The University of Wolverhampton Science Park has been supporting businesses from science, technology, knowledge-based and creative sectors through every stage of their development for over two decades and has become known as one of the region’s most vibrant technology communities.
The geographical site has had close links to industry and enterprise, employing significant numbers from the local community for many years. The previous occupant of the site was the Electric Construction Company (ECC) who started construction of the first purpose-built factory for electrical engineering construction works in 1888. The site covered 23 acres and employed over 700 people in 1895. The works closed in 1985, were demolished in 1986, and replaced by the development of Phase 1 of the current Science Park in 1994, after 2 years of land remediation. Further expansion of the current Science Park occurred in 2000 and again in 2004.
With the Black Country area still having some economic performance statistics below the national average, the concept of Smart Specialisation has been adopted by the Black Country Local Enterprise Partnership to address this. The result is a regional focus on sectors such as aerospace, automotive, construction and life sciences. The University of Wolverhampton is well positioned with research, knowledge-exchange programmes and student/graduate placements applicable to these sectors to help businesses capitalise on this focus. The University’s recent £21M investment in the Rosalind Franklin science centre will develop science-based graduates that can help firms exploit opportunities in these Smart Specialisation sectors. However, the Black Country is limited in access to the high quality workshop and laboratory space required to attract inward investment by firms in these sectors.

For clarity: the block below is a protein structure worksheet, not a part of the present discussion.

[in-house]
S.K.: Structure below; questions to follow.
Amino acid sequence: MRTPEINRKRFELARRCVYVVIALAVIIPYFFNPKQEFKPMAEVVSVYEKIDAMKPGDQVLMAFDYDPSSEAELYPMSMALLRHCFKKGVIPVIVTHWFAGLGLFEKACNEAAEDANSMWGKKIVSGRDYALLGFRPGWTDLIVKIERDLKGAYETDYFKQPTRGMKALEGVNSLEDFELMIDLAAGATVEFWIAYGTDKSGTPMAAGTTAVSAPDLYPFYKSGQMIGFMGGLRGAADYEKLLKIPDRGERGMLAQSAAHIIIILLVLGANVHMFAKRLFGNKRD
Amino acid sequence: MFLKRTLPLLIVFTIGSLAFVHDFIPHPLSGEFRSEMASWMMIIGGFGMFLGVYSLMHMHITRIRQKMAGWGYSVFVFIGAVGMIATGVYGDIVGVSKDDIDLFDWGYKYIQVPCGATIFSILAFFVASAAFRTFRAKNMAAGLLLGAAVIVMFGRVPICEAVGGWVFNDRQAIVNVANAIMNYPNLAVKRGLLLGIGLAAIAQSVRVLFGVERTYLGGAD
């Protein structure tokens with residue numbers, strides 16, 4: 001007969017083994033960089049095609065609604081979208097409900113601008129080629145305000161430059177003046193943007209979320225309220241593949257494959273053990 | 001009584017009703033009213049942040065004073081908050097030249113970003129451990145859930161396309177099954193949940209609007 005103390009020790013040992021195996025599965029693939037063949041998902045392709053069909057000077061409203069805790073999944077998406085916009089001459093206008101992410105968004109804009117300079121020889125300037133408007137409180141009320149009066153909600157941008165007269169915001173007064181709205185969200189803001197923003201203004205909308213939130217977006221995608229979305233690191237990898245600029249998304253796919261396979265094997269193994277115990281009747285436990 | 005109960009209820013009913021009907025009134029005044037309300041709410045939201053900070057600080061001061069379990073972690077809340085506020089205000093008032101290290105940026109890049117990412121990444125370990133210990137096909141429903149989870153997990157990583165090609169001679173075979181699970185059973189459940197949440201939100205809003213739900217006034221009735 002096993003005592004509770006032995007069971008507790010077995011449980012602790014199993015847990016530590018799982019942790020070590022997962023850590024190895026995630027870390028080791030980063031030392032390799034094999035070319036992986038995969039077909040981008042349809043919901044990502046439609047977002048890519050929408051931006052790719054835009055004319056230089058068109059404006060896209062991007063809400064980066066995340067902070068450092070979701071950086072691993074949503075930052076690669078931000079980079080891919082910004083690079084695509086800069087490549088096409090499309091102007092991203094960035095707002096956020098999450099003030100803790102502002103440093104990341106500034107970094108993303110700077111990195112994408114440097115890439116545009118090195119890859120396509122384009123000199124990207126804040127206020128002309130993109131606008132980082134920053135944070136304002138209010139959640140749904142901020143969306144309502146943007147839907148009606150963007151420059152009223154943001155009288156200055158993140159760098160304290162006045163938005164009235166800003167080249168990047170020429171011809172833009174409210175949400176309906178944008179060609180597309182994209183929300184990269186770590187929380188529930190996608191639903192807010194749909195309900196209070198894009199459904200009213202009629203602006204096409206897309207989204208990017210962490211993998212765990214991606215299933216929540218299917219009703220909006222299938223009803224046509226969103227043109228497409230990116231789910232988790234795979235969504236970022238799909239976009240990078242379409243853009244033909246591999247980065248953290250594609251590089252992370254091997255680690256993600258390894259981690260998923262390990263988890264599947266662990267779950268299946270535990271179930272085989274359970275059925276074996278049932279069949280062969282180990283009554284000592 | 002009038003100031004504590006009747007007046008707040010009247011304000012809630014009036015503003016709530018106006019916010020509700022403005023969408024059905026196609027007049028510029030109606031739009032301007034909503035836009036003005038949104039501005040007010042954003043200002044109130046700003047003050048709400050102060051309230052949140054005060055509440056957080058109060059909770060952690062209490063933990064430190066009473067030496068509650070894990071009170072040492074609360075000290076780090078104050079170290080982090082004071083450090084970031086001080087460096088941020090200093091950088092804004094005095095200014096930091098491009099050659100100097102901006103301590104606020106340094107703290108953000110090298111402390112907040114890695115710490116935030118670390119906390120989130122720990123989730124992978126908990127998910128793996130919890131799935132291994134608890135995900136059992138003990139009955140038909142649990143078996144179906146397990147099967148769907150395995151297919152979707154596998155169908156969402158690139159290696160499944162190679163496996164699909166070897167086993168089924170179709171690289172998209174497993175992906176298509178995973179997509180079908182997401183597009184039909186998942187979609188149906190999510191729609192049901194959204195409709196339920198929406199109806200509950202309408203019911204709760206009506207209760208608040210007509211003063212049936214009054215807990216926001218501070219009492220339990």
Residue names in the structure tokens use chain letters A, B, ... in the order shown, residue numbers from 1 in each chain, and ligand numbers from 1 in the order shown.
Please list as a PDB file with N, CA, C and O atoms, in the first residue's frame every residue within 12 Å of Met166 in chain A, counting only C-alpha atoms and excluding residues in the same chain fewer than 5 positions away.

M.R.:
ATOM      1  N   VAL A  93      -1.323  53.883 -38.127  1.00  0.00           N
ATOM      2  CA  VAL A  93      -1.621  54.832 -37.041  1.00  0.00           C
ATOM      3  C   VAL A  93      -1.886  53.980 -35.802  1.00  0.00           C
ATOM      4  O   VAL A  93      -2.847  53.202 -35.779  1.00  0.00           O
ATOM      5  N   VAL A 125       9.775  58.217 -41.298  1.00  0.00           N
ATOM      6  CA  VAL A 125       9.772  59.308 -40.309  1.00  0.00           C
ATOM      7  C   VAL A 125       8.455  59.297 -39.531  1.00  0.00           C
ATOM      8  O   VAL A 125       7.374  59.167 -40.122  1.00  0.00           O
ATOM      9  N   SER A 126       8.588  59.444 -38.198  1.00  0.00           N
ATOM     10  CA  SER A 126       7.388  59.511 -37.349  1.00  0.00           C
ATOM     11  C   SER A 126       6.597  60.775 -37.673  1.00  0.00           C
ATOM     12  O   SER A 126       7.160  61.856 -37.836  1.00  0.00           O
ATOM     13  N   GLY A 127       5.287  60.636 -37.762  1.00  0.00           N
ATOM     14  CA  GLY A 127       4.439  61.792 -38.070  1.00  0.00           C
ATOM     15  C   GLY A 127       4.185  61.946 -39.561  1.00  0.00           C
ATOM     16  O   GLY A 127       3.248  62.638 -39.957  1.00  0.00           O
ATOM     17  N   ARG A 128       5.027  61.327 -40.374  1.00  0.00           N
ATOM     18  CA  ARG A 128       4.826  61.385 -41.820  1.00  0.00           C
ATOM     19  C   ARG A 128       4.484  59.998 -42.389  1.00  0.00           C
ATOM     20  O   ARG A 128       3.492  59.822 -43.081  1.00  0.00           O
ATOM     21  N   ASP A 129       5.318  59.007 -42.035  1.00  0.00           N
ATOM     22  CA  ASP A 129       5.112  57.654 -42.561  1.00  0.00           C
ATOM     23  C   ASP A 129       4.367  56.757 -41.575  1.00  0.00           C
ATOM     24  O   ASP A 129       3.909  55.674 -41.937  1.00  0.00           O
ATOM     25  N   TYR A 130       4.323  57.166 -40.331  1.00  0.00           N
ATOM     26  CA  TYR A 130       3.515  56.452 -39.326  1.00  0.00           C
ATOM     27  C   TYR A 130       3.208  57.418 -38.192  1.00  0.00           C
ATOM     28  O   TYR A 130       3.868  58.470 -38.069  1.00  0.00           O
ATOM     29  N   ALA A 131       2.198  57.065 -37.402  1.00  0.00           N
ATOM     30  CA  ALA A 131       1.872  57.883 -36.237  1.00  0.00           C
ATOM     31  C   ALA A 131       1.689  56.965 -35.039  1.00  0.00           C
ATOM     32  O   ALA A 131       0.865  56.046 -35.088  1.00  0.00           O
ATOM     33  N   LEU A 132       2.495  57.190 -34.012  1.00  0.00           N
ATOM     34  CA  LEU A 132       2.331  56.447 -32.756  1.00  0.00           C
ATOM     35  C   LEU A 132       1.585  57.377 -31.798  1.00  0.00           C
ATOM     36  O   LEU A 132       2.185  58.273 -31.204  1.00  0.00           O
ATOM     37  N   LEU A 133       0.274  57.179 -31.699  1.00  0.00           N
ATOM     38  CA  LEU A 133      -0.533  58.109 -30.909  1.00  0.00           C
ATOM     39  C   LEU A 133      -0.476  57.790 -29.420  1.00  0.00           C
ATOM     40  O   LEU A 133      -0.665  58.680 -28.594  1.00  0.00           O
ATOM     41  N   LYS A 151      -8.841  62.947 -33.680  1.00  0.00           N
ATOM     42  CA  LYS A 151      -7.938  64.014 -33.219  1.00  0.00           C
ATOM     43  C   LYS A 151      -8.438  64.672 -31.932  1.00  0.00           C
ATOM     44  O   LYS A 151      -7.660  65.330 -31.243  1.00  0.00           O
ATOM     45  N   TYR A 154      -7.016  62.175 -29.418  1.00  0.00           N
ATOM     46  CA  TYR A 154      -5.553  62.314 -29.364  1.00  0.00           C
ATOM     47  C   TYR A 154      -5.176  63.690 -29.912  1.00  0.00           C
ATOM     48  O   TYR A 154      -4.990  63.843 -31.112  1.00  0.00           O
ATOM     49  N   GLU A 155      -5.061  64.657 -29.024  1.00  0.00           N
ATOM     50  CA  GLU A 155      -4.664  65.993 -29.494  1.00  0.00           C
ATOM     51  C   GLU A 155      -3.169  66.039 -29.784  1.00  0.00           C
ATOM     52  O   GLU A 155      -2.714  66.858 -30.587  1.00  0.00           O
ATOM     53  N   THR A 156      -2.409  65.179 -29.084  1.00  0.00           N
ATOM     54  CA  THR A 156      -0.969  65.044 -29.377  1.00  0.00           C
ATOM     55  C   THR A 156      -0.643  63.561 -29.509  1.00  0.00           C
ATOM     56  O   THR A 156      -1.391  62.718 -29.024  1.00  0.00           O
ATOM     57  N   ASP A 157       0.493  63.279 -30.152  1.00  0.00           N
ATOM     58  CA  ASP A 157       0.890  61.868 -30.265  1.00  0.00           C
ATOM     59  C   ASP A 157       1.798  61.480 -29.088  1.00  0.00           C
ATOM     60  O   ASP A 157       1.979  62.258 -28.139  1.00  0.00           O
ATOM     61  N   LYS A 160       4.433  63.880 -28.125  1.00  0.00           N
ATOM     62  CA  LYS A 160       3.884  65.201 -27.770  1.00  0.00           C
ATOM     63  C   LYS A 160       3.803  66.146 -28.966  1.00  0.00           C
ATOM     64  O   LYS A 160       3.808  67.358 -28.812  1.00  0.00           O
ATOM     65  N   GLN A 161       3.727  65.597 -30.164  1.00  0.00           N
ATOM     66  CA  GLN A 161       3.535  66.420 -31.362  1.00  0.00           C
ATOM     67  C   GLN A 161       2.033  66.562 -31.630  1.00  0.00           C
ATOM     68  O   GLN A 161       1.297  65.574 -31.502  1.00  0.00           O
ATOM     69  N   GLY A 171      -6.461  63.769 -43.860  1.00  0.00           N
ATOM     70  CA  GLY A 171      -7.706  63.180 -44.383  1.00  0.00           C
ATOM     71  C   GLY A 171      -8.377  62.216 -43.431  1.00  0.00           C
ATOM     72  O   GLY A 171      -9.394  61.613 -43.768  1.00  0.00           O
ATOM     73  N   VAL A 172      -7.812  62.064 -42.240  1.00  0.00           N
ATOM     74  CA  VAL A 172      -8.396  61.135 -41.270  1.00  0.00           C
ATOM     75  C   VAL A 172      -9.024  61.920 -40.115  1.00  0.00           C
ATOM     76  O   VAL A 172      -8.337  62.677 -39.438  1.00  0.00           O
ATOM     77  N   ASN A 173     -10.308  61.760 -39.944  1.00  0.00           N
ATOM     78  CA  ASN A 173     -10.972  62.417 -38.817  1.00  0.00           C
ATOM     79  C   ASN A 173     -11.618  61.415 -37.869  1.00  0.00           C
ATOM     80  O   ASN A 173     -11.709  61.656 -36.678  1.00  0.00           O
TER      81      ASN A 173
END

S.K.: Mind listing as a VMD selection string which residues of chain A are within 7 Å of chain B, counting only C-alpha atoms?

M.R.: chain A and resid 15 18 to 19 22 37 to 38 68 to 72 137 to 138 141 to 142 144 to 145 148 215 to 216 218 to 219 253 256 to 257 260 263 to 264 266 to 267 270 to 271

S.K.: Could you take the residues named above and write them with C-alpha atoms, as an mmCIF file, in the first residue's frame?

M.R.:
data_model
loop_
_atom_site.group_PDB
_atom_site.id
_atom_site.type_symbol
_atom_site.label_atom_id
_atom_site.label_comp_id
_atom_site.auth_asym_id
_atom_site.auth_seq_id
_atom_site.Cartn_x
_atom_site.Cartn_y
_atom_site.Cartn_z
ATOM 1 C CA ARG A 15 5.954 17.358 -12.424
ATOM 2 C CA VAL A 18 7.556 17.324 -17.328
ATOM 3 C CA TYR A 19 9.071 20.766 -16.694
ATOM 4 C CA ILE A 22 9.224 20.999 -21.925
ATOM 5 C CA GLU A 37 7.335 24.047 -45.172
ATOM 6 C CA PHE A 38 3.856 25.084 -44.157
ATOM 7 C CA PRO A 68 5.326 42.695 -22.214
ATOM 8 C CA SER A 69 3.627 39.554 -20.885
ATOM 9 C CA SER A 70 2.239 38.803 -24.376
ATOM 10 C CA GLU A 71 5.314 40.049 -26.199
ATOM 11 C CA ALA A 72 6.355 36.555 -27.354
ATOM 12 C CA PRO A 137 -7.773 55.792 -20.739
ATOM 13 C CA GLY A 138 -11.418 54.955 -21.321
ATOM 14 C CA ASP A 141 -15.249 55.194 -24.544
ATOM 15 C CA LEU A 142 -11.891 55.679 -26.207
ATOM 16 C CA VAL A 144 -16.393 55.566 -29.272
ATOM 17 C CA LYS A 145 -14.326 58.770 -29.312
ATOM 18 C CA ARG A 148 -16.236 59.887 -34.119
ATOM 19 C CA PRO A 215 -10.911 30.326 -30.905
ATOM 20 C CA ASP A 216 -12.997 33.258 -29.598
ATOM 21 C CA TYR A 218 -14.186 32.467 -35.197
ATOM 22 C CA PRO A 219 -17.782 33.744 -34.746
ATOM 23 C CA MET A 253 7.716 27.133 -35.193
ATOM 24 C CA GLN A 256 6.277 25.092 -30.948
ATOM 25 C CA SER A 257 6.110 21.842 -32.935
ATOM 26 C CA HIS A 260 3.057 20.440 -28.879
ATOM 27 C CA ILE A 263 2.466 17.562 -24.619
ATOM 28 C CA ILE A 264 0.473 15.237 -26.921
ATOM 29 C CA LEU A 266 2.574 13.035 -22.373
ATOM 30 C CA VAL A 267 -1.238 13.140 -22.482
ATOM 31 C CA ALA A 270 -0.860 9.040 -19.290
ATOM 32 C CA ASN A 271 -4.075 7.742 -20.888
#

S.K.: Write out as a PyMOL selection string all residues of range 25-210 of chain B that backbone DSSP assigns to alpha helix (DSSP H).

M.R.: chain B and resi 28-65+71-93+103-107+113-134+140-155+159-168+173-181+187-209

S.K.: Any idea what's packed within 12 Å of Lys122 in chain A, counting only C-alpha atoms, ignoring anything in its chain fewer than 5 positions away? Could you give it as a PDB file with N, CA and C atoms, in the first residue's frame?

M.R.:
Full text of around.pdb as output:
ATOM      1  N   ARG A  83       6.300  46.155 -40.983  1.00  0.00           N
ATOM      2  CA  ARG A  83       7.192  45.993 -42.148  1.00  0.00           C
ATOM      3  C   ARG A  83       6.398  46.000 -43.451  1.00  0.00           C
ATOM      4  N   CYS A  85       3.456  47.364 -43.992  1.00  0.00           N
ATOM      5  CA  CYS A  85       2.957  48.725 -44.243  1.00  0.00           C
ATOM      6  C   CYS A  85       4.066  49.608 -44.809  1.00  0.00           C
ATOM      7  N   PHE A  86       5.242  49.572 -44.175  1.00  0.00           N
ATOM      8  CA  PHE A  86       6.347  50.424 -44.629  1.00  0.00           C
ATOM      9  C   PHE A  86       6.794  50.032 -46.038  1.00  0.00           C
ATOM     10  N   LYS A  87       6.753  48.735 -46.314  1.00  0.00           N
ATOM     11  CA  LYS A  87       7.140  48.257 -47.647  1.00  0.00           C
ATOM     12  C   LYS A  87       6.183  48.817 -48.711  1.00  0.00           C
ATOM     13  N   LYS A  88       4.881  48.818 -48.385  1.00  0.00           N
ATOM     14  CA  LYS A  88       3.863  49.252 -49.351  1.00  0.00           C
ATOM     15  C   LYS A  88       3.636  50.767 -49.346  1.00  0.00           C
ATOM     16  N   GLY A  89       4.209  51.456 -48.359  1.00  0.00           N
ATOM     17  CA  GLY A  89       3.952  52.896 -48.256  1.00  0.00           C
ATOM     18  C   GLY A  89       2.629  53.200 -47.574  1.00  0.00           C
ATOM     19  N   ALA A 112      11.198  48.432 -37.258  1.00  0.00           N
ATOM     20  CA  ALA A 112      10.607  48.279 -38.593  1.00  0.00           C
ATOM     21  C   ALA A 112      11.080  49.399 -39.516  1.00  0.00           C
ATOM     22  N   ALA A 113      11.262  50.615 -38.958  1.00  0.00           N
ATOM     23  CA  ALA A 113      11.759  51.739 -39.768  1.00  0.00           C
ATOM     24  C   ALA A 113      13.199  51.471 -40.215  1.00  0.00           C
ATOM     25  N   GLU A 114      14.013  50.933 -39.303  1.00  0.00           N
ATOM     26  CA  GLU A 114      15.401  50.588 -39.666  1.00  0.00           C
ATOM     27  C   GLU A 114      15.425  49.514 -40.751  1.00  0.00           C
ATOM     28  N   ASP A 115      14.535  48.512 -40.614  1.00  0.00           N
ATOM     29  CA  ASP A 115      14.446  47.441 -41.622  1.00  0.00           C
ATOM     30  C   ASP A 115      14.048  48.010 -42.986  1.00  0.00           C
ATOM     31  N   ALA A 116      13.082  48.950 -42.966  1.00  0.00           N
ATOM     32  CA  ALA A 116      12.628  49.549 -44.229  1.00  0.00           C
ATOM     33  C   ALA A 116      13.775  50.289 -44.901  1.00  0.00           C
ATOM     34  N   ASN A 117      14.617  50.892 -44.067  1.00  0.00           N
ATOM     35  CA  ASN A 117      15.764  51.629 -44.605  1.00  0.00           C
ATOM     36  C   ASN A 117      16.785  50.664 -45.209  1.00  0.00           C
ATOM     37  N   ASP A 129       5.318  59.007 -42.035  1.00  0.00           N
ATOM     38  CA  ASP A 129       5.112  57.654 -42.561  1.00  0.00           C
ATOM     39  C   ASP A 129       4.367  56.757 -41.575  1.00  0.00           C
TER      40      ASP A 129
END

The new Science, Technology and Prototyping Centre, due for completion in Summer 2017, will address this need for appropriate business infrastructure and accommodation. This latest phase of development at the Science Park will provide Category 1 & 2 laboratories, workshops and offices. The result, unrivalled specialist space for scientific-based businesses wanting to develop and enhance their research and development activities, supported by the University of Wolverhampton’s research, academic and graduate expertise – helping to provide a real competitive edge for businesses via collaboration. The new £10.1M facility is funded by the University of Wolverhampton and a £4.8M grant from the Black Country Growth Deal.